Alcázares, setas y fueros

As most readers of this blog know, I am spending a month in Madrid, lecturing on growth in groups and otherwise enjoying myself.

Yesterday, a group of us went to Segovia:

View from the alcázar

The city is notable for (a) its aqueduct, which the Romans must have built at least in part to show off; (b) its fortress, or alcázar. Before the Arab conquest of Spain, there must have been no impressive fortresses, pillows or pins.

All of their names, tellingly, start with al.

Other than that, there is also a cathedral that looks very bare from the outside. We didn’t go in, as at that point my colleagues and I had as our sole goal to find a place that served fresh wild mushrooms for lunch. Find it we did:

The same place had what it advertised as Polish apple cake on the menu – delicious. It also had the virtue (or pleasurable lack of virtue?) of calling itself a vegetarian restaurant while also offering meat dishes for carnivores like some of my friends.

Ah – on the way there, I got what looks like a very nice eraser (“miga de pan” type) from a bookshop that, as we then realized, specialized in books with titles such as Como curar y reprimir la (homo)sexualidad and Cazando jabalíes con el Caudillo.

Perhaps I am taking a little artistic license here, but only very little. There was indeed a book about hunting with Franco (an activity that, the blurb asserted, revealed his most intimate side) and, if memory serves me well, “homo” was in a different, lighter color that I had trouble perceiving at first.

On the way to the Alcázar, there was a plaque stating that Isabella and Fernando had sworn to guardar los fueros de Segovia. Early modern legal language can be a great deal like mathematical language, in that everyday words are used to refer to something both precise and unfamiliar in a way that is very disconcerting to novices. (What does a peasant think of when first hearing of a normal subgroup?)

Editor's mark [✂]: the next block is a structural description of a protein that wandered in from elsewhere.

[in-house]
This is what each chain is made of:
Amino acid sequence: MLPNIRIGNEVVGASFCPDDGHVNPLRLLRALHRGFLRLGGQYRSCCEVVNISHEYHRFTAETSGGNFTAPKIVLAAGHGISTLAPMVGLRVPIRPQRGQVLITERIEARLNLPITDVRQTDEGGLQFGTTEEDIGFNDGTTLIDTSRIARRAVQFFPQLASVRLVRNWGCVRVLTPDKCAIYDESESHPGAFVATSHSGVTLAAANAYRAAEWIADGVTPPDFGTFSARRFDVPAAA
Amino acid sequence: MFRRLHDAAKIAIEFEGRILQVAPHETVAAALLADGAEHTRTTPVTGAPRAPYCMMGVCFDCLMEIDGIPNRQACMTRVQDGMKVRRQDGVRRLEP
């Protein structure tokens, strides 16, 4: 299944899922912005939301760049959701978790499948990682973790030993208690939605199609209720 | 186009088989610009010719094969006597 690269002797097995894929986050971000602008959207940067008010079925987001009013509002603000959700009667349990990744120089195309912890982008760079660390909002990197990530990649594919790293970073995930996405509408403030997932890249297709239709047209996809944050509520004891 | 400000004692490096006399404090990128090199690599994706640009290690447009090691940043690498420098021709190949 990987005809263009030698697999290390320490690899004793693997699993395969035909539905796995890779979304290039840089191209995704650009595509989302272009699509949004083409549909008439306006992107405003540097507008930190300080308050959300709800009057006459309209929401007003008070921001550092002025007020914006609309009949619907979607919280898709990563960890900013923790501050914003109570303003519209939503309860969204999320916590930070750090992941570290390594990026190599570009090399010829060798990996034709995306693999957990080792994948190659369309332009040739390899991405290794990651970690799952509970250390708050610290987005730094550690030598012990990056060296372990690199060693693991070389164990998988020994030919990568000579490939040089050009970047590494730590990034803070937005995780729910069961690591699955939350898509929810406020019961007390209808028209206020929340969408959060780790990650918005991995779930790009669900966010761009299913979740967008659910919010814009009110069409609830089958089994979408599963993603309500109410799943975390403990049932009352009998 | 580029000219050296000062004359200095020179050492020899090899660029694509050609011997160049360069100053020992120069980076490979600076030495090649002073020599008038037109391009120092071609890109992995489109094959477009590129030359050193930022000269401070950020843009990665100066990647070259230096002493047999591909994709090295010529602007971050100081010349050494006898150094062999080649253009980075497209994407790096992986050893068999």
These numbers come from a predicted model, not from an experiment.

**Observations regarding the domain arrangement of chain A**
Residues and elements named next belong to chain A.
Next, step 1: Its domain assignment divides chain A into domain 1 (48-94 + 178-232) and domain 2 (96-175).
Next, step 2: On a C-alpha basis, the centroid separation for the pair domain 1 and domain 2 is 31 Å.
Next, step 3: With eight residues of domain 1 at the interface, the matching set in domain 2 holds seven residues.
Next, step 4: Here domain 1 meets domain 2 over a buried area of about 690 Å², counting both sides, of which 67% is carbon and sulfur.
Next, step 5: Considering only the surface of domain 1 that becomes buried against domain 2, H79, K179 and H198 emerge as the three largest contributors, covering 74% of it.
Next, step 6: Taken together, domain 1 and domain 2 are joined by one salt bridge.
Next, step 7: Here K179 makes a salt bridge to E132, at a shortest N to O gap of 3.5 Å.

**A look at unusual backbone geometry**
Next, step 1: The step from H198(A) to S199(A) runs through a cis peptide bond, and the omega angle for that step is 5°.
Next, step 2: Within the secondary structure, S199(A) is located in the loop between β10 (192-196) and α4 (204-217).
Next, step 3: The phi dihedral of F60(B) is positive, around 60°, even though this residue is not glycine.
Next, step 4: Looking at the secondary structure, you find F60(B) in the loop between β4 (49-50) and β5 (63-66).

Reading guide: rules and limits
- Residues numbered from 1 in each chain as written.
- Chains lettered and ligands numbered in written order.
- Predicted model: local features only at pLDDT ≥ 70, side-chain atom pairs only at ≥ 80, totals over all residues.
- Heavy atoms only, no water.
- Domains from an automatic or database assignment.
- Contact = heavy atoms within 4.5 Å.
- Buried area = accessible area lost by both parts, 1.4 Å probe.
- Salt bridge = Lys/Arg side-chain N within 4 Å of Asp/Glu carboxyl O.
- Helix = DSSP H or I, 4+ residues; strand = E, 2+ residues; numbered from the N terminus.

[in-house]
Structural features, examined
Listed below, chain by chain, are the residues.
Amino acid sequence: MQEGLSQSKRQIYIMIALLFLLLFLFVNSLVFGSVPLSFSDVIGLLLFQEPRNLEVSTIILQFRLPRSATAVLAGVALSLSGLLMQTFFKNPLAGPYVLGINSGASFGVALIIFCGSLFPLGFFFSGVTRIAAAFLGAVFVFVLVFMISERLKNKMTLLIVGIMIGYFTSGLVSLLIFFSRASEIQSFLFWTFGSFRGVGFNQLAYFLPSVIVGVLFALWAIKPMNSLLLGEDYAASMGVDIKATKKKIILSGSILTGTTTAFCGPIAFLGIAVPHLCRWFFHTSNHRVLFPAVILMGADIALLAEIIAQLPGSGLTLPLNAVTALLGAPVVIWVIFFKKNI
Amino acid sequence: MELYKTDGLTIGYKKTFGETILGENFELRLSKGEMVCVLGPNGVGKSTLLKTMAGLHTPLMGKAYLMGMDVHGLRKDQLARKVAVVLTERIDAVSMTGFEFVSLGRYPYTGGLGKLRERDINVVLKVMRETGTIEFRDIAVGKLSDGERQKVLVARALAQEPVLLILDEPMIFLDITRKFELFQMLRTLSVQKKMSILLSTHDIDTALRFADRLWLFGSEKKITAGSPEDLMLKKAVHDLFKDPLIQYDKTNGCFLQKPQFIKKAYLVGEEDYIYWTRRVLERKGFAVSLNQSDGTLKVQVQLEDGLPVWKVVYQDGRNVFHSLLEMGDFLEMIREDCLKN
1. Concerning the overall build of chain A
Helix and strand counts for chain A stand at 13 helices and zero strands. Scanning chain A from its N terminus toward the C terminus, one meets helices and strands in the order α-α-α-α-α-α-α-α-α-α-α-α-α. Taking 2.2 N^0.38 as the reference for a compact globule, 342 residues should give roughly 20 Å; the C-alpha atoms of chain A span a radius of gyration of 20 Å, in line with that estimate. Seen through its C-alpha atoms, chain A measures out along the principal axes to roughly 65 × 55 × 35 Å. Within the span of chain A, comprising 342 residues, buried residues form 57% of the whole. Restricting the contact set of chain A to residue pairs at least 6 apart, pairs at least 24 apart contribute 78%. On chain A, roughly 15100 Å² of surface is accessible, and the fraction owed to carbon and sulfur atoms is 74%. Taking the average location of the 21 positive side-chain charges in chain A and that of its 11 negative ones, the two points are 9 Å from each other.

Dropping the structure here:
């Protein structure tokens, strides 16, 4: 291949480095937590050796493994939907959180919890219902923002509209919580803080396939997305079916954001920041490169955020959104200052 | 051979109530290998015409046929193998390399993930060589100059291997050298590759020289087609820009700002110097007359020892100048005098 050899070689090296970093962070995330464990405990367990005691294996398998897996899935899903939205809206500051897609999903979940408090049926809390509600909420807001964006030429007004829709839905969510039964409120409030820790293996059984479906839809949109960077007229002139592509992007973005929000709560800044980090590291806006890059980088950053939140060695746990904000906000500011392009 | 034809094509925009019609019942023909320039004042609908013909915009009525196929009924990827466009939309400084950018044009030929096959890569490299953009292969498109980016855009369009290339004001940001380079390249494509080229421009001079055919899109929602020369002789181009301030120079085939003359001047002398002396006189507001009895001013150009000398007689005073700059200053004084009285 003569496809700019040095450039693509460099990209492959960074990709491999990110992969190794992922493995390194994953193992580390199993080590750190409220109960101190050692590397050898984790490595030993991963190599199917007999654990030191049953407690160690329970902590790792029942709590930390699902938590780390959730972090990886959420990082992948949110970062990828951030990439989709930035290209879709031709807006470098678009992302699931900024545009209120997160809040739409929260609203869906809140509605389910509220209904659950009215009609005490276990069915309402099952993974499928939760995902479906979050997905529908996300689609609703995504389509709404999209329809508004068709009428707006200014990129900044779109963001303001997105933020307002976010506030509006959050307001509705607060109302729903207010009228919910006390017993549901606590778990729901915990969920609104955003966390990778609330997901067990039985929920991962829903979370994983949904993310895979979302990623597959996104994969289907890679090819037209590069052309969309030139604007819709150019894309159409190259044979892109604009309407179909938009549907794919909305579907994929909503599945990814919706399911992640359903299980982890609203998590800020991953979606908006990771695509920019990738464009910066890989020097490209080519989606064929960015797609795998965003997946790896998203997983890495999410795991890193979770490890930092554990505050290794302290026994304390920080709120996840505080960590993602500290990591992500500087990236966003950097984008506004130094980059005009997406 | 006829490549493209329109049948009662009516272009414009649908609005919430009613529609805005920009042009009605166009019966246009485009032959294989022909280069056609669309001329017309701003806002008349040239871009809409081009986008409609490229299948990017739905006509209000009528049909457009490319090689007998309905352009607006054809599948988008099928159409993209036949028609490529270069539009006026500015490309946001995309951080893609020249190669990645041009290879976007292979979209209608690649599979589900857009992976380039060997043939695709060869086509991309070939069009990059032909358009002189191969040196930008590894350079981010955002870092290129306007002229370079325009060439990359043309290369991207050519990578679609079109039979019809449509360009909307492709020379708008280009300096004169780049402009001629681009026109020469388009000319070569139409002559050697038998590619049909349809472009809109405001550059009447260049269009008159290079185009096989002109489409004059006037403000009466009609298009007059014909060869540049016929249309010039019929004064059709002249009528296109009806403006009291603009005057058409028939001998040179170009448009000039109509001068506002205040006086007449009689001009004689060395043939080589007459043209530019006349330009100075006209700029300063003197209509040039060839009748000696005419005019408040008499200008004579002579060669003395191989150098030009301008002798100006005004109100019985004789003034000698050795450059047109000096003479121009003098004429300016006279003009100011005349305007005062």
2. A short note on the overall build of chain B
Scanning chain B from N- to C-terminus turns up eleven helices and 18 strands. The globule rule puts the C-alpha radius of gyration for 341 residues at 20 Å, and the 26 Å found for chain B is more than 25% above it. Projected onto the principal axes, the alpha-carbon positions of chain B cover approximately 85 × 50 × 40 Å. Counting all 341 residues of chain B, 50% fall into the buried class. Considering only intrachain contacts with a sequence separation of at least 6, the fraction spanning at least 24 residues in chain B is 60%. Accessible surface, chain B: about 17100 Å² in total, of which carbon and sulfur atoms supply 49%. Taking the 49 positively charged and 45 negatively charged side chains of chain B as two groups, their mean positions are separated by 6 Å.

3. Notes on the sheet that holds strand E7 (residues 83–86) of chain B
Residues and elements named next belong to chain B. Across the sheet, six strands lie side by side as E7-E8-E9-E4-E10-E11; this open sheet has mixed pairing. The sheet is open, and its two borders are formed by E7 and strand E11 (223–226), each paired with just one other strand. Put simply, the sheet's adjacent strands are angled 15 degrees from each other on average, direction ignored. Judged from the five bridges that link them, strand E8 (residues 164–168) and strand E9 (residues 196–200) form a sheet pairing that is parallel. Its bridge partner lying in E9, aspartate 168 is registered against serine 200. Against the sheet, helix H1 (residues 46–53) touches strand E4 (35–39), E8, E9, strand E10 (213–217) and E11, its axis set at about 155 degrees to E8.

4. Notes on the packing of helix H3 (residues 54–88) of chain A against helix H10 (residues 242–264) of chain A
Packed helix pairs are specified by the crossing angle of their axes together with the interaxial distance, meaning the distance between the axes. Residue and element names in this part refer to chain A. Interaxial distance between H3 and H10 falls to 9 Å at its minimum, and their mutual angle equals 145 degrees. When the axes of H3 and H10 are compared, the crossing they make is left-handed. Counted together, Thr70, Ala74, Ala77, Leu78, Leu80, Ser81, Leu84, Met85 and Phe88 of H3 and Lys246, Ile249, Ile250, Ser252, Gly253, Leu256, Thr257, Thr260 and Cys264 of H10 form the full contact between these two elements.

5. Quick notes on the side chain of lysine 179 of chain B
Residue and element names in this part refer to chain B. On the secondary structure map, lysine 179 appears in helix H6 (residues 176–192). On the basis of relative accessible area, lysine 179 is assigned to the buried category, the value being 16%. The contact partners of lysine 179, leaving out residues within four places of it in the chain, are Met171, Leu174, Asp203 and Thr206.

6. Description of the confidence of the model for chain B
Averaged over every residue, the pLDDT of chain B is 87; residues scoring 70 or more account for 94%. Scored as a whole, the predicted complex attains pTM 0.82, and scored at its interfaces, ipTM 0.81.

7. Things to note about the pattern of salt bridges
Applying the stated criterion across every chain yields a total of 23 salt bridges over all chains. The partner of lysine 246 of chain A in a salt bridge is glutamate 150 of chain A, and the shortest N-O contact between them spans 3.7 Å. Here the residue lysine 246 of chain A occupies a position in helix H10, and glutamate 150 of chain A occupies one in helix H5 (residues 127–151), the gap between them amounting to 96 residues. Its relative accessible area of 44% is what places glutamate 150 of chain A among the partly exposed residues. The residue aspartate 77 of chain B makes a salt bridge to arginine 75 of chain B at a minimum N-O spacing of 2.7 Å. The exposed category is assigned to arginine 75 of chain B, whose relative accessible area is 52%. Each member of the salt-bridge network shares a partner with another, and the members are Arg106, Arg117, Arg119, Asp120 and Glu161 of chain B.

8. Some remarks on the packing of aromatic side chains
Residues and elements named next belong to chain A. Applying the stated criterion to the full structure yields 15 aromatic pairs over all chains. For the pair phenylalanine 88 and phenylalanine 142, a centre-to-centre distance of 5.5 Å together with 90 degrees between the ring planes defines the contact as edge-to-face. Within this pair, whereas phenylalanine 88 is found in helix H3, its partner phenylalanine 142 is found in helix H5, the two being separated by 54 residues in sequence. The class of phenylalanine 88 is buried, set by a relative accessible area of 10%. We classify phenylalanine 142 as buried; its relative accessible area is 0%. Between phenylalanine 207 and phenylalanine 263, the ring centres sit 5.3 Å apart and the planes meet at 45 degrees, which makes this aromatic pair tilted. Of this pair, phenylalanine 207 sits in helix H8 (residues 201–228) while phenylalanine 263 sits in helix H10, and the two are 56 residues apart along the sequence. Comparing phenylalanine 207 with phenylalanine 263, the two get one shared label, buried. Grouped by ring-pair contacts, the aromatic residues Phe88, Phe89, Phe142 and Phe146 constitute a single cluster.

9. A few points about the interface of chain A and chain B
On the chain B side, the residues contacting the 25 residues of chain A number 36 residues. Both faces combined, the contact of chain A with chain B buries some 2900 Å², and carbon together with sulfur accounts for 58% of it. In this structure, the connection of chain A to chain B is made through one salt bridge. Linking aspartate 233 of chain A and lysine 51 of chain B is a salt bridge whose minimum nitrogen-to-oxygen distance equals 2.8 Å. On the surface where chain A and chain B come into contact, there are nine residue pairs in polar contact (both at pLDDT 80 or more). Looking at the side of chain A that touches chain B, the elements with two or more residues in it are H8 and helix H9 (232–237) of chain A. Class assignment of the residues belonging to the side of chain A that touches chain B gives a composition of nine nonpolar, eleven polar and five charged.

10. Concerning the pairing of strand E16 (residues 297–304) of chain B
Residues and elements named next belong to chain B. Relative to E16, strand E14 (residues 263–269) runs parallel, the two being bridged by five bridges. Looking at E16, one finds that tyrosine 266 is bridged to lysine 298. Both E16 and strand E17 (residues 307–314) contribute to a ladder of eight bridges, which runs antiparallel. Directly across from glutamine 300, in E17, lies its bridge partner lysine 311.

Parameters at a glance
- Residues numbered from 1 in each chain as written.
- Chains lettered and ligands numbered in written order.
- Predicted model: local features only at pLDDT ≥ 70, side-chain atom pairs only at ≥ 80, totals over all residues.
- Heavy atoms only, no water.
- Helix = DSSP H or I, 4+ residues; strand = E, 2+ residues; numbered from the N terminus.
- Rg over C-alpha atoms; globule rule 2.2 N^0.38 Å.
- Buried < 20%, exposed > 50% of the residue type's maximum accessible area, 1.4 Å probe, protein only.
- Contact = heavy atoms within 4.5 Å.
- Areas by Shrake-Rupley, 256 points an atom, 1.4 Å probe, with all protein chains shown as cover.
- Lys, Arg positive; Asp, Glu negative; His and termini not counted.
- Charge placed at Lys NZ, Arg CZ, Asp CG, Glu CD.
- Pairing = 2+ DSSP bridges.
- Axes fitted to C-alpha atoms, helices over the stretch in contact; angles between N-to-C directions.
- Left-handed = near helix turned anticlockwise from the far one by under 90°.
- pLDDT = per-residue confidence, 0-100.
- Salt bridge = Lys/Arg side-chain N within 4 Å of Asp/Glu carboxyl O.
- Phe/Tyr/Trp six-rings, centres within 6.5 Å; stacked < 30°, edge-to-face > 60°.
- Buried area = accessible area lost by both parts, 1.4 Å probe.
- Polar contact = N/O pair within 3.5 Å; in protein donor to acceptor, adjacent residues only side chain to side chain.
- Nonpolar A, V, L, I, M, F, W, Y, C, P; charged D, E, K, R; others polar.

As for the Alcázar itself: it has a big hole next to the bridge (as you might expect; my understanding is that moats don’t usually go all the way around a castle) and a rather tall tower; I took the first picture above from the top. The spiral staircase is rather narrow – a friend pointed out that this was done so on purpose, so that ascending attackers could be pierced by horrid spears more easily. He said, furthermore, that spiral staircases up medieval towers all tend to wind around the same way, spearmen being largely right-handed. Wouldn’t a tower of the other chirality, staffed by left-handed spearmen, be in fact harder to storm? At least it would take some getting used to, assuming one were a habitual attacker.

The main body of the alcázar is now taken by a museum, full of historical artifacts, some of them of relatively recent manufacture. What needed some explanation in one of the first rooms was not so much the fascist chicken (really a reappropriated historical symbol that existed before) as the motto: “Tanto F Y Monta” is short for “Tanto monta, monta tanto/Isabel como Fernando”. This would be translated into good English as “madame porte la culotte”.

A large room is surrounded by plaster statues of the rulers of what would later become Spain. Curiously, the statues are disposed cyclically, so that the first king of Asturias, Pelayo, adjoins Isabel la Catolica, who, as first monarch of (essentially) unified Spain, is the last one in the list. Or did that honor belong to Joanna the Insane?

Some of the inscriptions were eye-catching. Many of the early kings have after their names, not I, or II, but “el unico”; apparently, kings are like movies, in that they do not get “I” after their names if they do not have sequels of the same name. Perhaps it is the same elsewhere and I hadn’t noticed for this long. Actually, it makes some sort of sense that the early names haven’t been repeated – not so much because the first kings were really local chieftains who were called kings only by themselves, and that only on odd days when singing in the shower, but rather because it is rather unlikely that more than one person would ever call his son Silo. But there was more than one Fruela and one Ordoño!

Ordoño. I hope I have not created a fashion.

Also, what is up with all those Dark-Age queens called Urraca?


About valuevar

I am a number theorist with side interests in combinatorics and group theory.
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